Update 10/23/14: Project has raised nearly $100,000 with 17 hours remaining.
The premise of this “umbrella” is simple: Blast air at an upward and outward angle out of a tube to deflect falling rain away from the user.
But could it really work?
I’m skeptical, but as of writing, about 500 people have already pledged $60,000 to the project on the fundraising site Kickstarter.
The Air Umbrella will be offered in three sizes, one for “Female” that is 30 cm long, a standard 50 cm model, and a telescoping version. The company claims run-times of 15 to 30 minutes.
I’m generally excited to see new technology applied to goods that make life better, but am hesitant to support this overly complicated solution to rain avoidance.
The idea of walking through a storm blasting rain drops away with a jet of air seems amusing, but also wasteful and maybe ineffective. To be fair, if it does work, this would be useful for navigating large crowds in the rain.
Reading the Kickstarter proposal, the creators of the Air Umbrella seem hesitant to claim much success. After two years of product development, this direct quote from the page sums up their not-so-glowing esteem.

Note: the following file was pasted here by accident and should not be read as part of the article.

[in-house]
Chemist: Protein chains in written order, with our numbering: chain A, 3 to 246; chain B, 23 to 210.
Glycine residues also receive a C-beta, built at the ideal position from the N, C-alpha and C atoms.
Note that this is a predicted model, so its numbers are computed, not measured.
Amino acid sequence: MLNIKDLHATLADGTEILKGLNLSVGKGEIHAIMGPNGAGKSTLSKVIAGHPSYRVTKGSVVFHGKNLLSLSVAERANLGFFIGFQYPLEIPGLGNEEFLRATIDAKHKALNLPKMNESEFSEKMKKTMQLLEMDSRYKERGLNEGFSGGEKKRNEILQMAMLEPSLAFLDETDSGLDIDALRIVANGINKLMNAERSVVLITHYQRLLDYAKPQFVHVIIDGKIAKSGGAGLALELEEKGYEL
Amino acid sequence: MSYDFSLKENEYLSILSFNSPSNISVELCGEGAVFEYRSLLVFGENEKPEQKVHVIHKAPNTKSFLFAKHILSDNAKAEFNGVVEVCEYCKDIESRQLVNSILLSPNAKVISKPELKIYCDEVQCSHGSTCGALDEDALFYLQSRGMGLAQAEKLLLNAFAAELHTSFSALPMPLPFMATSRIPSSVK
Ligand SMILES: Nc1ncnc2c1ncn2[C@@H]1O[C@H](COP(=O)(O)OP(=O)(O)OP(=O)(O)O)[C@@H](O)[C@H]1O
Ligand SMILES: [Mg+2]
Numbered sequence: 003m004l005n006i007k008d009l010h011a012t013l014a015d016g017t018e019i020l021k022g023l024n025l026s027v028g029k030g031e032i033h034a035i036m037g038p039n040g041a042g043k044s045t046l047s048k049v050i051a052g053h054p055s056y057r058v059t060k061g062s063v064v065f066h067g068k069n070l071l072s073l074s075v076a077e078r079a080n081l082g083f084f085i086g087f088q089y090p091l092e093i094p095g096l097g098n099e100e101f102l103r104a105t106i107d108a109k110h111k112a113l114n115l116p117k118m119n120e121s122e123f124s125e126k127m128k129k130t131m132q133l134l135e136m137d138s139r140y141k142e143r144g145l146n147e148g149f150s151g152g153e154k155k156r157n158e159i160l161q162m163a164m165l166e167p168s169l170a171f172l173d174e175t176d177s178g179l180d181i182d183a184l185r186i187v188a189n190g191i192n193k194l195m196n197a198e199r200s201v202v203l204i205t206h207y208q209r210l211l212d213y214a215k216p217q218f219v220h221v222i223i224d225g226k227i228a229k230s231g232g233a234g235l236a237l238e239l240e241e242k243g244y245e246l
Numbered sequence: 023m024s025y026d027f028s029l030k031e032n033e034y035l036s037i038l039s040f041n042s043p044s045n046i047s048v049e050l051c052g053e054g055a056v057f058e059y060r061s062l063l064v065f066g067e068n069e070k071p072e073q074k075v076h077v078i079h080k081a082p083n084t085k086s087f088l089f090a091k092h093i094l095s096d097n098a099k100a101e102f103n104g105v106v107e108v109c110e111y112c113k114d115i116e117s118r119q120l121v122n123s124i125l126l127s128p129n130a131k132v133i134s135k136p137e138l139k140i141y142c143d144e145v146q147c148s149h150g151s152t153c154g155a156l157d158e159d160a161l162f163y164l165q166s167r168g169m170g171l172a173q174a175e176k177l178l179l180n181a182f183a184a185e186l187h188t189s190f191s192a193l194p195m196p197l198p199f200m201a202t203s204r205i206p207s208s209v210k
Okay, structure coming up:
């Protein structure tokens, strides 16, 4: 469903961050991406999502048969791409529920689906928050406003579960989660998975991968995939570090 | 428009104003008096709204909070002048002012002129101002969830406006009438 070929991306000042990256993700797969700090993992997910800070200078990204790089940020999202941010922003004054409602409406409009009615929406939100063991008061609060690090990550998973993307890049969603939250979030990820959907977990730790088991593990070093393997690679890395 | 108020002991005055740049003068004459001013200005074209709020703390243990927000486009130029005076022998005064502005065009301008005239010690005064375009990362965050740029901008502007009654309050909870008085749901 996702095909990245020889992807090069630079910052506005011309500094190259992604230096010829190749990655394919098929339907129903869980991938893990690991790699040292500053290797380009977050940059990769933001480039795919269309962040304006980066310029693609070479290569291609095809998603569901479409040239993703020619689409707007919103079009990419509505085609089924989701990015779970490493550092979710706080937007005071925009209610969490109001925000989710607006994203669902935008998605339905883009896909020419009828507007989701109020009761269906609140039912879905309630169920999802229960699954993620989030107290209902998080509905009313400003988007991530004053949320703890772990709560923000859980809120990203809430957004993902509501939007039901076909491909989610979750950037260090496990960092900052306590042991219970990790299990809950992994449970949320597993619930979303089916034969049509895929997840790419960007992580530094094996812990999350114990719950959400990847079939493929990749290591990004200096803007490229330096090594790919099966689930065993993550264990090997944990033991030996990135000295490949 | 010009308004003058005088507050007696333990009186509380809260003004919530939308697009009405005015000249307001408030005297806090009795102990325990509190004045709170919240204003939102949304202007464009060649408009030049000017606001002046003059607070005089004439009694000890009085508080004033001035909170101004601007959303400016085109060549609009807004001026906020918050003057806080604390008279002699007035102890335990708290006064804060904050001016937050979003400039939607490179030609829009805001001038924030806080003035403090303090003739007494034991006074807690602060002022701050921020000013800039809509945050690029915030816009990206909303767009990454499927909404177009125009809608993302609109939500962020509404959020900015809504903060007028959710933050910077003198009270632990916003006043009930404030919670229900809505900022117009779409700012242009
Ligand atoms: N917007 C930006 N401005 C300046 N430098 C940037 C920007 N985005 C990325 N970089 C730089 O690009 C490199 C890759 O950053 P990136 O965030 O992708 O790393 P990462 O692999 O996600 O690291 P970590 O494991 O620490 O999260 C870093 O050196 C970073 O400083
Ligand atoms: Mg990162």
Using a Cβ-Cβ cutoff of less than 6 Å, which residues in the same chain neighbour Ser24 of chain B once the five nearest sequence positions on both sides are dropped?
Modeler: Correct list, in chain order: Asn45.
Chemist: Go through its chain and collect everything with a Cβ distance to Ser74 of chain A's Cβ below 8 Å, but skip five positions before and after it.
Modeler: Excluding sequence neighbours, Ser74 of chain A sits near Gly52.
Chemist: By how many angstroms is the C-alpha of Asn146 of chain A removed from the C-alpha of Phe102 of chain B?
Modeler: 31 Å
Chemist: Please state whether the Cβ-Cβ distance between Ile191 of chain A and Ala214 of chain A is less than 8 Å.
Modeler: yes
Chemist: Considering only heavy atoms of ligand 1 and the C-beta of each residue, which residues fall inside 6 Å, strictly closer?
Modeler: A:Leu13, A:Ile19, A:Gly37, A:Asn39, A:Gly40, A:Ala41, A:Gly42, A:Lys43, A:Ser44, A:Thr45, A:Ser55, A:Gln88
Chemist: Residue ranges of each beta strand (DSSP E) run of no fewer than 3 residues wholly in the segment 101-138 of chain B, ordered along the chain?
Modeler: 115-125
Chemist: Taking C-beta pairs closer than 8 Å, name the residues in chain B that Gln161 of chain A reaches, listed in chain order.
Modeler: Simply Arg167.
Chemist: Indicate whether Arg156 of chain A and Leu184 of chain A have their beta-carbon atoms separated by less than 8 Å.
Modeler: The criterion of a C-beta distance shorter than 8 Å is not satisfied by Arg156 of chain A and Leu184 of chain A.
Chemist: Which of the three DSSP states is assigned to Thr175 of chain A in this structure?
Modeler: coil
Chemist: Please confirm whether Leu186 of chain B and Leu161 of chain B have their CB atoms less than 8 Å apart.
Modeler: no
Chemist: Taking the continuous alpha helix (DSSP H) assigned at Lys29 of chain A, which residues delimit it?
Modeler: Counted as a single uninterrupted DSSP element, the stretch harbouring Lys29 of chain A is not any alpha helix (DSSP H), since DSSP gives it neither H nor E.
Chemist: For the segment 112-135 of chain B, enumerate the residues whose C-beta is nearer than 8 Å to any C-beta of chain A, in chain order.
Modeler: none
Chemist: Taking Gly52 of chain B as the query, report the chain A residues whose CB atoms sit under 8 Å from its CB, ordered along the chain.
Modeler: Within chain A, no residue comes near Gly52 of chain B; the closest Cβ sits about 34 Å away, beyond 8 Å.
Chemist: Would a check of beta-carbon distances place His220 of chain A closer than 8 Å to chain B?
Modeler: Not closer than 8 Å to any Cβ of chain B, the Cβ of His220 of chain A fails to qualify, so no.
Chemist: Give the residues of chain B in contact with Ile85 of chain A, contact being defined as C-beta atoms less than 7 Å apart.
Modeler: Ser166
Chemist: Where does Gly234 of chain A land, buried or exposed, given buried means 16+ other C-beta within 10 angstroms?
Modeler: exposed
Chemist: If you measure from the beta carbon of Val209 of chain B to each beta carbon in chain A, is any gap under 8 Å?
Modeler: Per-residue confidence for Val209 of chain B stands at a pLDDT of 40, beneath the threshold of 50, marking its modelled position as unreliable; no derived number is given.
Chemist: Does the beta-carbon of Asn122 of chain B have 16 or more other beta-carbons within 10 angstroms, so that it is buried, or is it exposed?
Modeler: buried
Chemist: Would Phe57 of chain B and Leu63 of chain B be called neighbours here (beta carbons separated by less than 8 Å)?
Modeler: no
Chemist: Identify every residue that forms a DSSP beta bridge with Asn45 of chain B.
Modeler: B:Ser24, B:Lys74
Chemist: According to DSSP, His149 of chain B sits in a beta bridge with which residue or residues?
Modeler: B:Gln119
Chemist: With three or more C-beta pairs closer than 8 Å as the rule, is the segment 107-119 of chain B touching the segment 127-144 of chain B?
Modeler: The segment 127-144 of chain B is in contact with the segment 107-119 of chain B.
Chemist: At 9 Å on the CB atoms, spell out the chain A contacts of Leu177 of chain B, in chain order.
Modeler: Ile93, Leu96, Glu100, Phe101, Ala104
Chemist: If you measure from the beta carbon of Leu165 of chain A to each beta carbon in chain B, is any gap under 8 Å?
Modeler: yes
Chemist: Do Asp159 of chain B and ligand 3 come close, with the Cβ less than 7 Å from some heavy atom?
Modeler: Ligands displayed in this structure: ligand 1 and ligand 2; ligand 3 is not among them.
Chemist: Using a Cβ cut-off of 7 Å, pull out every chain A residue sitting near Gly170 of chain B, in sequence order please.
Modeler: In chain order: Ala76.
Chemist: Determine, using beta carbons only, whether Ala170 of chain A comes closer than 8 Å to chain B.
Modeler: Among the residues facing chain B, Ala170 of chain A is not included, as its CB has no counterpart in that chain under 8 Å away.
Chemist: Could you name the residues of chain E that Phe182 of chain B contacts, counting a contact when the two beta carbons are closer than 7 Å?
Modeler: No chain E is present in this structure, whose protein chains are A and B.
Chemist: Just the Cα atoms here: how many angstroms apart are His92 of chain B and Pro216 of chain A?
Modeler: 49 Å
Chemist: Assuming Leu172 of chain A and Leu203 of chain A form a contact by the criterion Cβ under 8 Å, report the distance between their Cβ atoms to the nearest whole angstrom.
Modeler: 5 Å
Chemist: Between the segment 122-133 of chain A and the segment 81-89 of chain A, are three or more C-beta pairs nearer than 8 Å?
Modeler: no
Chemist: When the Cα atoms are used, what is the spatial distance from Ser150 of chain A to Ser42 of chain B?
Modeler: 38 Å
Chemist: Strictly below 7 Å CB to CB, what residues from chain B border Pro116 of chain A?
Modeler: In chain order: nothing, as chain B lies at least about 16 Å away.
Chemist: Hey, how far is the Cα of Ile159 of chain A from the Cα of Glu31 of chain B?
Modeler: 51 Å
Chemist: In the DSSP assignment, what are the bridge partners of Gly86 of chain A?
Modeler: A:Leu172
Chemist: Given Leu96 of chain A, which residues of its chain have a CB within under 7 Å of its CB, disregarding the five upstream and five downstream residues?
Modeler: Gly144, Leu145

“Luckily, one of our samples achieved the goal of protecting one or even more persons from the rain in the test in November 2012. But the product still needed more improvement. As the sample was designed to take a large amount of airflow, the top was big, which didn’t achieve the portable characteristic.”
The company claims to have improved the model since then with the help of aeronautical engineering students, but its changes to improve the appearance “may influence the effect.”
Doesn’t exactly sound confident.
500 people have been convinced though, with many spending more than $100 for the Air Umbrella. Sure it might work. But replacing a simple umbrella with a complex, battery-operated device is the antithesis of environmentalism.
Kickstarter is an amazing tool for fueling innovation. But choose wisely when supporting new products. With this model already fully funded, I’d wait until it’s tested before shelling out your hard-earned money.